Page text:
Dr Callum Reid
Associate of the School of Culture and Communication, The University of Melbourne
Callum Reid is an art historian whose research fields include museology, printmaking, early modern art and decorative arts, with a particular focus on the formation of collections and their reception. Callum is further interested in the history and provenance of objects, having also spent several years working in the art market and collecting institutions. Adapted from his PhD, his upcoming monograph Collecting and display in the Uffizi Gallery: Art in the age of the grand dukes (Routledge, 2021) is a museological study into Florence’s state gallery, and its early incarnations under the control of Medici and Lorraine grand duchies (1580-1859). Callum's research into 18th and 19th century museums aligns with the ERCC theme of Critique, Creativity, Comparison, as collectors and administrators toyed between the new trend of didactic arrangements and the self-representation of aesthetic displays.
Dr Louise Box
School of Culture and Communication, the University of Melbourne
Louise is an art historian, curator, and educator with research interests in eighteenth-century visual and decorative arts; the collection and display of prints; the material culture of the English country house; and business and the arts. Her doctoral research focused on the print collection of Lady Elizabeth Seymour Percy, 1st Duchess of Northumberland (1716-1776). In 2018, Louise was the Harold Wright and Sarah and William Holmes Scholar in the Department of Prints and Drawings at the British Museum. She has also been awarded a Paul Mellon Research Support Grant and a Francis Haskell Memorial Fund Scholarship for research in collections and archives in the UK, Europe, and the USA. She is a Trustee of the Colin Holden Charitable Trust, which supports print scholarship. Louise’s publications include: 'Enlightened “Museums of Images” or Decorative Displays? Elizabeth Seymour Percy and the Eighteenth-Century Print Room' in Eighteenth-Century Life, Sept, 2021; a chapter in Kerrianne Stone (ed.) Horizon Lines, Marking 50 Years of Print Scholarship, Melbourne, 2019; and 'Marks and Meanings: Revealing the Hand of the Collector and “the Moment of Making” in two 18th-Century Print Albums', Journal18, Fall, 2018.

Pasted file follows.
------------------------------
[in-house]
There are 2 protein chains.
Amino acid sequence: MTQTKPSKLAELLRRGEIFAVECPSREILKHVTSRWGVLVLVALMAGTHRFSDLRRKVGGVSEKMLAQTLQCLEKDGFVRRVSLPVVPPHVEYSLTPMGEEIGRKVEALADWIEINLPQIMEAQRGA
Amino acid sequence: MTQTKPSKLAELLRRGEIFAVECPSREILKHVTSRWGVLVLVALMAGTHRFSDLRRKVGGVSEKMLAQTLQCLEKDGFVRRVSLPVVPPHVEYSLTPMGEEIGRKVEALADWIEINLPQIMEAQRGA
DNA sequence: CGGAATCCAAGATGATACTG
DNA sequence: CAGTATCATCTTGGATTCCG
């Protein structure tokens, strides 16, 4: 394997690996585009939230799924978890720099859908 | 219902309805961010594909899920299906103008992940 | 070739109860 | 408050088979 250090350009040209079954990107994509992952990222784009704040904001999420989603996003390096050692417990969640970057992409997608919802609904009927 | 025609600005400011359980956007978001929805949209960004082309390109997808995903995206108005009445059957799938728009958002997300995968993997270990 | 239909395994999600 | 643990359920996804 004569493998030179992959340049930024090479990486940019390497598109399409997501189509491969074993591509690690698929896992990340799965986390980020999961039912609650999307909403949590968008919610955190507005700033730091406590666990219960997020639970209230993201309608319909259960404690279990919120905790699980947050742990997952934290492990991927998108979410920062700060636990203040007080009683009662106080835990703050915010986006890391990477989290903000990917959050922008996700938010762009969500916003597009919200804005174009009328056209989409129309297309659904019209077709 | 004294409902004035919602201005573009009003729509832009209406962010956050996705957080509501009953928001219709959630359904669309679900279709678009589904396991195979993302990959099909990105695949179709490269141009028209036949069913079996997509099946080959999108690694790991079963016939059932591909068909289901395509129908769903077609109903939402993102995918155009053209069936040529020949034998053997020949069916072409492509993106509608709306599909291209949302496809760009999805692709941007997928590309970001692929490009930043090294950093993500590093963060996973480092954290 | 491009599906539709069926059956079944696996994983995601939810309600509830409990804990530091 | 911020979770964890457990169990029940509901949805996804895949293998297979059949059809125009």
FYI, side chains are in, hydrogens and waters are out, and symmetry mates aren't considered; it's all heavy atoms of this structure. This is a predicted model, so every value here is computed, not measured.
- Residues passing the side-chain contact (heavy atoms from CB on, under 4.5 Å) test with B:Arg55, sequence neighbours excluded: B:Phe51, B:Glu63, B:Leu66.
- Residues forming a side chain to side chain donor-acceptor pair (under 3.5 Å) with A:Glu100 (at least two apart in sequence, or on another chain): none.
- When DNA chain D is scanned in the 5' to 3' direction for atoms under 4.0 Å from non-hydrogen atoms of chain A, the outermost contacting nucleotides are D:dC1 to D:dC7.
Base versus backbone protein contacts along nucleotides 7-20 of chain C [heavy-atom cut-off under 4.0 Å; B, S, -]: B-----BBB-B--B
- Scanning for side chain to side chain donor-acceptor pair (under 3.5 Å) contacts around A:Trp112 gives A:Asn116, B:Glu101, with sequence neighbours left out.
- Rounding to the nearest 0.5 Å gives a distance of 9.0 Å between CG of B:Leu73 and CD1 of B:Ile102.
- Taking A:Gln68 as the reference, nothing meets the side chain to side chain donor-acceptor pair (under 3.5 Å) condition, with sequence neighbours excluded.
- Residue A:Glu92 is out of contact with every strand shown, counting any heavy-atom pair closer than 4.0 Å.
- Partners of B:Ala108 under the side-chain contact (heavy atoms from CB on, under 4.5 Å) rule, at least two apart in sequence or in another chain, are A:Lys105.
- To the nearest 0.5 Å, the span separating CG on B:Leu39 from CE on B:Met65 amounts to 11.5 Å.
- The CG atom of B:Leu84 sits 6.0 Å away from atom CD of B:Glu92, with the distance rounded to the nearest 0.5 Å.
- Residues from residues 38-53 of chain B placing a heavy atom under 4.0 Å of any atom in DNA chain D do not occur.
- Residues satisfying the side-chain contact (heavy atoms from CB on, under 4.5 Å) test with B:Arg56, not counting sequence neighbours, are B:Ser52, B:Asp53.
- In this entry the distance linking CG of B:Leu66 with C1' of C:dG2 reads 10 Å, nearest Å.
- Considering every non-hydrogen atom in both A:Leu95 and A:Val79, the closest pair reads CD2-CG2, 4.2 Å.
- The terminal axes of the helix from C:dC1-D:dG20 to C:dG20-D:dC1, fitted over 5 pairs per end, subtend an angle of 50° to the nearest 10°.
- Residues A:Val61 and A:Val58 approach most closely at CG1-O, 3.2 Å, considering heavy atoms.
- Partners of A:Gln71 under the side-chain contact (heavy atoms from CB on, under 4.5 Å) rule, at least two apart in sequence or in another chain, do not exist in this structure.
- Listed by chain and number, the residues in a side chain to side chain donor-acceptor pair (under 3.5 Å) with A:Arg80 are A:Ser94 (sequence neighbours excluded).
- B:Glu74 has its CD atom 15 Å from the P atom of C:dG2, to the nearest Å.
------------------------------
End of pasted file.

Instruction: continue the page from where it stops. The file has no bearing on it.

Dr Nat Cutter
Teaching Associate (Periodic) and ARC Research Coordinator, School of Historical and Philosophical Studies and School of Culture and Communication, The University of Melbourne
Nat’s current research focuses on the experiences and influence of British expatriates living in the Maghreb (Morocco, Algeria, Tunisia and Libya) in the seventeenth and eighteenth centuries, highlighting their broad networks of material, cultural, and informational exchange throughout the Mediterranean world and eastern Atlantic, and how their reports and attitudes were presented to a wide audience through British newspapers. He is interested broadly in interactions between Protestant Europe and the Islamic world, media history, diplomacy, networking, material culture, religious and cultural dialogue, privateering, and piracy. Nat has published articles on English news representations of the Maghreb, information flows between Britain and the Maghreb, and on social connection and isolation in British communities in the Maghreb. His research has been funded by the Huntington Library, the Folger Shakespeare Library, the American Society for Eighteenth-Century Studies, ANZAMEMS and the University of Melbourne. He is currently working on projects relating to the reception of the Maghreb in English, Scottish and Irish print, on the diffusion of Morocco leather in the British luxury bookbinding and upholstery trades, and on the importance of exilic theology as a framework for processing Protestant life in the Islamic Mediterranean.